Time for Christians to Step Up, The Rev. Canon Patrick P. Augustine Canon and Commissary to the Archbishop of Sudan in the USA
02 Mar 2007
Mundokooro-Mundakooro children were shouting with alarm as they saw me approach the first primary school for children in the diocese of Juba. I asked my host, Rev. Enoch Tombe, the reason for the childrenÃ¢â‚¬â„¢s reaction. Rev. Tombe is the Secretary General of the Episcopal Church of Sudan. He told me that the children think you are an Arab. People in the Southern Sudan have been terrorized by the Arabs during twenty five years of war. For them, Ã¢â‚¬Å“ArabÃ¢â‚¬Â is a derogatory term, meaning "one who can not be trusted."
I see a great challenge facing this church which has been persecuted by the extremist Islamic Sudanese government. It faces the question of how to build bridges of peace and reconciliation with their aggressors. The gospel is about forgiveness, love and reconciliation. Sudan has lost 2.5 million Christians and animists and four million have been displaced in Southern Sudan. A multi-task mission faces the church. Hundreds of thousands of citizens are beginning to return from refugee camps and they need welcome centers to incorporate them back in their own communities.
For years these refugees have lived in remote camps as displaced communities. They have been uprooted from their homes and their home communities. The Church needs to help young people to return to schools. This young generation has grown up in refugee camps and has not received proper schooling. I sense that these young people are keen to learn. Schools buildings were destroyed during the war. Southern Sudan has the largest number of schools meeting under mango trees. Children need books, schools supplies and money to pay fees to attend schools. Education is the key to their future.
As people get re-settled in their communities, they need clean water to drink and cook and wash with. There is a great shortage of clean water all over Southern Sudan. Wells needs to be dug and water pumps installed for each community to have clean drinking water.
Church centers have no electricity or other resources, but these centers are the main gathering places for communities. There people get their basic education, religious instruction, HIV/AIDS prevention classes. Sudanese people for centuries were well protected as they lived within their own tribes. Their world was limited. Now because of being displaced for 25 years of war, they have been exposed to many other cultures and communities. Some young women have been forced to move to big cities, where they lived as refugees, selling their bodies to support their families. HIV AIDS is spreading inside Southern Sudan as people return from displaced camps to their homes.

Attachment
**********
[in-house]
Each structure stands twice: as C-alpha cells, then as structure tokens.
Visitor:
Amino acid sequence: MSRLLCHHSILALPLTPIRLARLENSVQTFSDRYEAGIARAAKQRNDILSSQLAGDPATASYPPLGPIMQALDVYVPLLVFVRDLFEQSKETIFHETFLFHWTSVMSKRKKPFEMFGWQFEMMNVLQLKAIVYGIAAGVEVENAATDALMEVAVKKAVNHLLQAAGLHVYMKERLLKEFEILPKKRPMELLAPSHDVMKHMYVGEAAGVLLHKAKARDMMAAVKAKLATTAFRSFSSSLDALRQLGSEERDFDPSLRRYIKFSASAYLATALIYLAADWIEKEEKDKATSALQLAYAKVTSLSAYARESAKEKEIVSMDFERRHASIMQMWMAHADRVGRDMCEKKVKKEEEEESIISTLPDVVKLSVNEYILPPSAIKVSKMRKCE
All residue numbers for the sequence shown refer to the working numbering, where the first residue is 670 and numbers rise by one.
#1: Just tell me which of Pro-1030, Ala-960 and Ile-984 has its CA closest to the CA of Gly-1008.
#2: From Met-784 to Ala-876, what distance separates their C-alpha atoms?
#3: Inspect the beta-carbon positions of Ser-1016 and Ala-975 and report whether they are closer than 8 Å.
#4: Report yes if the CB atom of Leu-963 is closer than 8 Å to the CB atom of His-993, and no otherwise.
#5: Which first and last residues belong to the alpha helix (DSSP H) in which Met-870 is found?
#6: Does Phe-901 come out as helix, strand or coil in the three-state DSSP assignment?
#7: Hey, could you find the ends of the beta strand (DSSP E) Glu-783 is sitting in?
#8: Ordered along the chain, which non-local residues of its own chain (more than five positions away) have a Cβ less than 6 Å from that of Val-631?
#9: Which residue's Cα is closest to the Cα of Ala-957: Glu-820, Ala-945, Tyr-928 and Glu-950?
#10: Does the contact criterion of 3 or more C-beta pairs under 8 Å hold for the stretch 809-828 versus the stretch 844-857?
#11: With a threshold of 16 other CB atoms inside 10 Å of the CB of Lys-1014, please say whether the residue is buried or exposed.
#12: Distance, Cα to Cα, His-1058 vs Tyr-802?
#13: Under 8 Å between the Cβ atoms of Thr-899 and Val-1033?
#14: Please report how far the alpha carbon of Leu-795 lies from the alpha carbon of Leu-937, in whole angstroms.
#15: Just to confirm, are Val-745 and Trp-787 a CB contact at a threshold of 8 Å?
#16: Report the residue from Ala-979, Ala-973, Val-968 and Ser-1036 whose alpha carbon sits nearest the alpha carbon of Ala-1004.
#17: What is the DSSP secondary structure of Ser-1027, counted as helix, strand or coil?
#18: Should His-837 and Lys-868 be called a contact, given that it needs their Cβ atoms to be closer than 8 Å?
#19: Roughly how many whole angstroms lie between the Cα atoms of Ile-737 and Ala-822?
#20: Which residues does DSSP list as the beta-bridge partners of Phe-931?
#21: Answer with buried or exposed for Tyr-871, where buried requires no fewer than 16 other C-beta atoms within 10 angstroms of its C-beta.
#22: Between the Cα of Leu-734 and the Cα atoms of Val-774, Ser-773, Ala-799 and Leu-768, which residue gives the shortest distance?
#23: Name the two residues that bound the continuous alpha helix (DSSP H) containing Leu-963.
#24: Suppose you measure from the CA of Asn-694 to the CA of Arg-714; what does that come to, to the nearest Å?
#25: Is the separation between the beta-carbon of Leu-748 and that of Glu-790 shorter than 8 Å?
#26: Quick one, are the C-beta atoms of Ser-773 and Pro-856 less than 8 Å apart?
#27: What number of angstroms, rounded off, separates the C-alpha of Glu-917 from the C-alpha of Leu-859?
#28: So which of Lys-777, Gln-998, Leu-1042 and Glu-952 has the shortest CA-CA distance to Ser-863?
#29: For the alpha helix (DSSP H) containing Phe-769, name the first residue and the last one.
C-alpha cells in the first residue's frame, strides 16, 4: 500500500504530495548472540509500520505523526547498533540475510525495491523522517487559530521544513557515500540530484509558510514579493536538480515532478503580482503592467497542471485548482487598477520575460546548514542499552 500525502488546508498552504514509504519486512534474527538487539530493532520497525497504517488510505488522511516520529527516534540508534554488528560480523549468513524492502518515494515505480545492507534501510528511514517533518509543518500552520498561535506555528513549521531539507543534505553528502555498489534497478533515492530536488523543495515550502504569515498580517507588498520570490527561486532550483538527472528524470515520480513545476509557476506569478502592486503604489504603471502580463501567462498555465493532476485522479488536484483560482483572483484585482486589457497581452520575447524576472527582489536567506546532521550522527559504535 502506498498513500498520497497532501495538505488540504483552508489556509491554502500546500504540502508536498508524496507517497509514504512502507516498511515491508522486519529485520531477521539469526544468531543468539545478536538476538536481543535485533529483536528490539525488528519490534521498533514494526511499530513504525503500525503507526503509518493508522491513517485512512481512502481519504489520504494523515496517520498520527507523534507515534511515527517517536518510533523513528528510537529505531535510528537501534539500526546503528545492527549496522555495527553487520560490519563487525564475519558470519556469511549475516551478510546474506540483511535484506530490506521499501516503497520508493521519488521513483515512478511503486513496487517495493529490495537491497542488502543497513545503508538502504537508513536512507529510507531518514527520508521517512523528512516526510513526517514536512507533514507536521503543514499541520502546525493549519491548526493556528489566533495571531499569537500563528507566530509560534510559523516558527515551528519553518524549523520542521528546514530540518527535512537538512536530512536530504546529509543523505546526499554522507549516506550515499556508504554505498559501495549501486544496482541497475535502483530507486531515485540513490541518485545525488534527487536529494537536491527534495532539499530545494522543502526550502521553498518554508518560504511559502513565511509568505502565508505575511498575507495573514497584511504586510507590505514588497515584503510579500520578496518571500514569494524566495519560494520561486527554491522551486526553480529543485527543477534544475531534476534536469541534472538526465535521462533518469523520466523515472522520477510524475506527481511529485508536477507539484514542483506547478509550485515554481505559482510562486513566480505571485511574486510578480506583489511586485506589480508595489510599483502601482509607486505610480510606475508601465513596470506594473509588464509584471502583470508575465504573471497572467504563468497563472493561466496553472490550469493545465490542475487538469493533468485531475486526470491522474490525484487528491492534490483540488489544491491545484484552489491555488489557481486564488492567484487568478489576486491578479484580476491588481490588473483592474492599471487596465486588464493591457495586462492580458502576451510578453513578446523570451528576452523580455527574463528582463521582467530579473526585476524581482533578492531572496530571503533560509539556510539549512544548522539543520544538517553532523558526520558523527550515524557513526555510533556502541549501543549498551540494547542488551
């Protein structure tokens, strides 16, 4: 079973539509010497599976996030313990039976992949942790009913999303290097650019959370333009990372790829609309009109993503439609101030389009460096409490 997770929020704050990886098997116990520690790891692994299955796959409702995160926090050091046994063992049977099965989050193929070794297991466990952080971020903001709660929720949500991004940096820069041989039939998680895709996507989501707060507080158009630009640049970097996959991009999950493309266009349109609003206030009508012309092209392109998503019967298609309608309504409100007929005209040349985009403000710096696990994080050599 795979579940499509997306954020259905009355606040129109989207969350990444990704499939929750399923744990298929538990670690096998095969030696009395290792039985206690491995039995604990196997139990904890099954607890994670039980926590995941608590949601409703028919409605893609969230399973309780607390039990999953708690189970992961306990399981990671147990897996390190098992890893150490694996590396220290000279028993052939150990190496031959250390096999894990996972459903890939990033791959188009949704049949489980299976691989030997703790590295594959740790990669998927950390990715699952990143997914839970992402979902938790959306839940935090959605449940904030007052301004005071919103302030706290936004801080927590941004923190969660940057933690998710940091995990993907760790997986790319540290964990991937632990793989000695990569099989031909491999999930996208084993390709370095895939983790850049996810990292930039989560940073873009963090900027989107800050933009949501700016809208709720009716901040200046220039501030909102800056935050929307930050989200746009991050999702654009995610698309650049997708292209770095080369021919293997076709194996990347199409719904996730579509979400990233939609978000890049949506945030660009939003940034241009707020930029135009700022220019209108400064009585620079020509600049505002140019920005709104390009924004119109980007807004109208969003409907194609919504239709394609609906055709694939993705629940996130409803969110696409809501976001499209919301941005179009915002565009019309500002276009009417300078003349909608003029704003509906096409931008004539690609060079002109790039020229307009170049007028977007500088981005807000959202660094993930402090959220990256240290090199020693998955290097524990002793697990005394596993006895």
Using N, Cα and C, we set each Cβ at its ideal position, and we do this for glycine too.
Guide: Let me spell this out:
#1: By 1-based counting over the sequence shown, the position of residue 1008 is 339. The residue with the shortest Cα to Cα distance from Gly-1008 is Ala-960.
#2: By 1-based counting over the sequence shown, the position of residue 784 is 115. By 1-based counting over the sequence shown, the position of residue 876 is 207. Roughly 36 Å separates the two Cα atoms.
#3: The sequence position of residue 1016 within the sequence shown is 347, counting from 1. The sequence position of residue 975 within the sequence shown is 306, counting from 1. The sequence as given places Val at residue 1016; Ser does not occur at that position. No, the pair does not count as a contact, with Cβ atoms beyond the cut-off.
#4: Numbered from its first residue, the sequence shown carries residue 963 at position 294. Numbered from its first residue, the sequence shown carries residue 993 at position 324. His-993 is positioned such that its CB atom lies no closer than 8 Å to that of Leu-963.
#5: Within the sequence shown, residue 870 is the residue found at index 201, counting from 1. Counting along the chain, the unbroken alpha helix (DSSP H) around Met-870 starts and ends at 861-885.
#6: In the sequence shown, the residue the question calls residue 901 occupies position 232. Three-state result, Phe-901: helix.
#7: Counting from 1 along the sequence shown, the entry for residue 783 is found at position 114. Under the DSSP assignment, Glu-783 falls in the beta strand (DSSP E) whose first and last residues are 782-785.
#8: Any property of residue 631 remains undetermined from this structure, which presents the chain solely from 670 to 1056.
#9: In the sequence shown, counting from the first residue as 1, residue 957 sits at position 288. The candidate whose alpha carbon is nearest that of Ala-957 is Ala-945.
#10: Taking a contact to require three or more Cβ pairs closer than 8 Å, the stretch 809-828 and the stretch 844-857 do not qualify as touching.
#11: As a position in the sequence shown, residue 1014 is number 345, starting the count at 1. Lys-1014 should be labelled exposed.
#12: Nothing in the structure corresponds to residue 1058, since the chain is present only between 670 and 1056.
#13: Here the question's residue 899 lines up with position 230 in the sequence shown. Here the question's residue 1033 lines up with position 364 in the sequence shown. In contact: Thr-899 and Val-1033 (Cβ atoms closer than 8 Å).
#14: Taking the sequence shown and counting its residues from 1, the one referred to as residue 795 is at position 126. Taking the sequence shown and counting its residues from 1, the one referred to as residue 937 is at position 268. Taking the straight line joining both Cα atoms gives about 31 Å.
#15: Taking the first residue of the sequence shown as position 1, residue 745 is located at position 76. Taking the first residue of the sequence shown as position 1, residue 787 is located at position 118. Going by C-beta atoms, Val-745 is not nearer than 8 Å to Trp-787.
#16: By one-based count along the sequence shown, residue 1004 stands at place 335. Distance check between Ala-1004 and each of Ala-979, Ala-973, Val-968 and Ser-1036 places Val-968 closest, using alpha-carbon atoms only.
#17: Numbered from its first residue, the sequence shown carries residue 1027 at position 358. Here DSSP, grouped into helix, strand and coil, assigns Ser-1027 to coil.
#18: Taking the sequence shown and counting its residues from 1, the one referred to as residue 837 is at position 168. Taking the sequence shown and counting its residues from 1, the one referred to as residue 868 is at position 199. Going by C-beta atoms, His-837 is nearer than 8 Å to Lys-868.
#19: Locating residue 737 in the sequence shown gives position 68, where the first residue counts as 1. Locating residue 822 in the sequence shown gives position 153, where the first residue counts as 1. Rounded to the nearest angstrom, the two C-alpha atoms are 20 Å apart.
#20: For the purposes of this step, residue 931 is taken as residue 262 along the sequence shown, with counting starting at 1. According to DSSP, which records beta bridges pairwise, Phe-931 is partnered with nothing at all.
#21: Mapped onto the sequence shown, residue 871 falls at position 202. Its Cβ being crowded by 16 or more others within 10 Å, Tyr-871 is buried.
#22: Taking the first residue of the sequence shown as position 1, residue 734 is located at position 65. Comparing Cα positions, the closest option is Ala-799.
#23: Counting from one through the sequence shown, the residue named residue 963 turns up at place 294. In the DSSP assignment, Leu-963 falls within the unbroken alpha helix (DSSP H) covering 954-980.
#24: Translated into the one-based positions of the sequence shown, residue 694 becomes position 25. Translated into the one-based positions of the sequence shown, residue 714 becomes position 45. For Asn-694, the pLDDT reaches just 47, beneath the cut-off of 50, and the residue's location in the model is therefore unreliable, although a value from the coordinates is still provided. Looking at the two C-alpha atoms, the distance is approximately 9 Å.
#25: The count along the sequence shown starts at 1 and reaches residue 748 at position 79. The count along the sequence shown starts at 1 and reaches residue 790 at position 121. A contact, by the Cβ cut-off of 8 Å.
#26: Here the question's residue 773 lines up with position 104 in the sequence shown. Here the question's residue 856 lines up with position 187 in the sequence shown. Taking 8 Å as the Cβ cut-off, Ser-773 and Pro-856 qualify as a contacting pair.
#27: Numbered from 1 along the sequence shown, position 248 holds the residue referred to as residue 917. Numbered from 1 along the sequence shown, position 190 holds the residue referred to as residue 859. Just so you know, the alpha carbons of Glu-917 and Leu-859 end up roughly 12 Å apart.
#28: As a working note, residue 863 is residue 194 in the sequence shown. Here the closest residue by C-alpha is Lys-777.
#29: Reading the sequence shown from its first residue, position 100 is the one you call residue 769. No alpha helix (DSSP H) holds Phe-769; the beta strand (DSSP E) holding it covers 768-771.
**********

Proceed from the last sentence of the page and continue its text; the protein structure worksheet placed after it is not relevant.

The last two years have been relatively peaceful, but tribal tension can grow even within Southern Sudan. Dinka are the dominant ethnic group in the government in Southern or New Sudan. The New Sudan leadership in the south will have to learn to share leadership and resources to develop Southern Sudan. Inter-tribal tension can hurt progress and the Khartoum government of Sudan benefits from this. After another four years, there will be a referendum to determine if the South shall stay as part of whole Sudan or become an independent New Sudan with self-rule. We need to pray for peace and unity within Southern Sudan.
The Church in Southern Sudan is in the same position as when Nehemiah was called by God to build the broken walls of Jerusalem. I find that the Church leadership has the resolve and deep faith in Christ to be the witnesses of the Risen Christ. The total infrastructure has been destroyed during 25 years of war.
Partners in Mission in the West needs to stand in solidarity to build the broken walls of the church in Sudan. I recommend four key areas where we can help
1. Education for Children. Provide scholarships and help to build schools.
2. Help to train Church leaders. Provide resources for education, transport and building churches and houses for Pastors. Church is seen as the most trusted and faithful partner which has stayed with her people in exile and now is there to welcome them back home.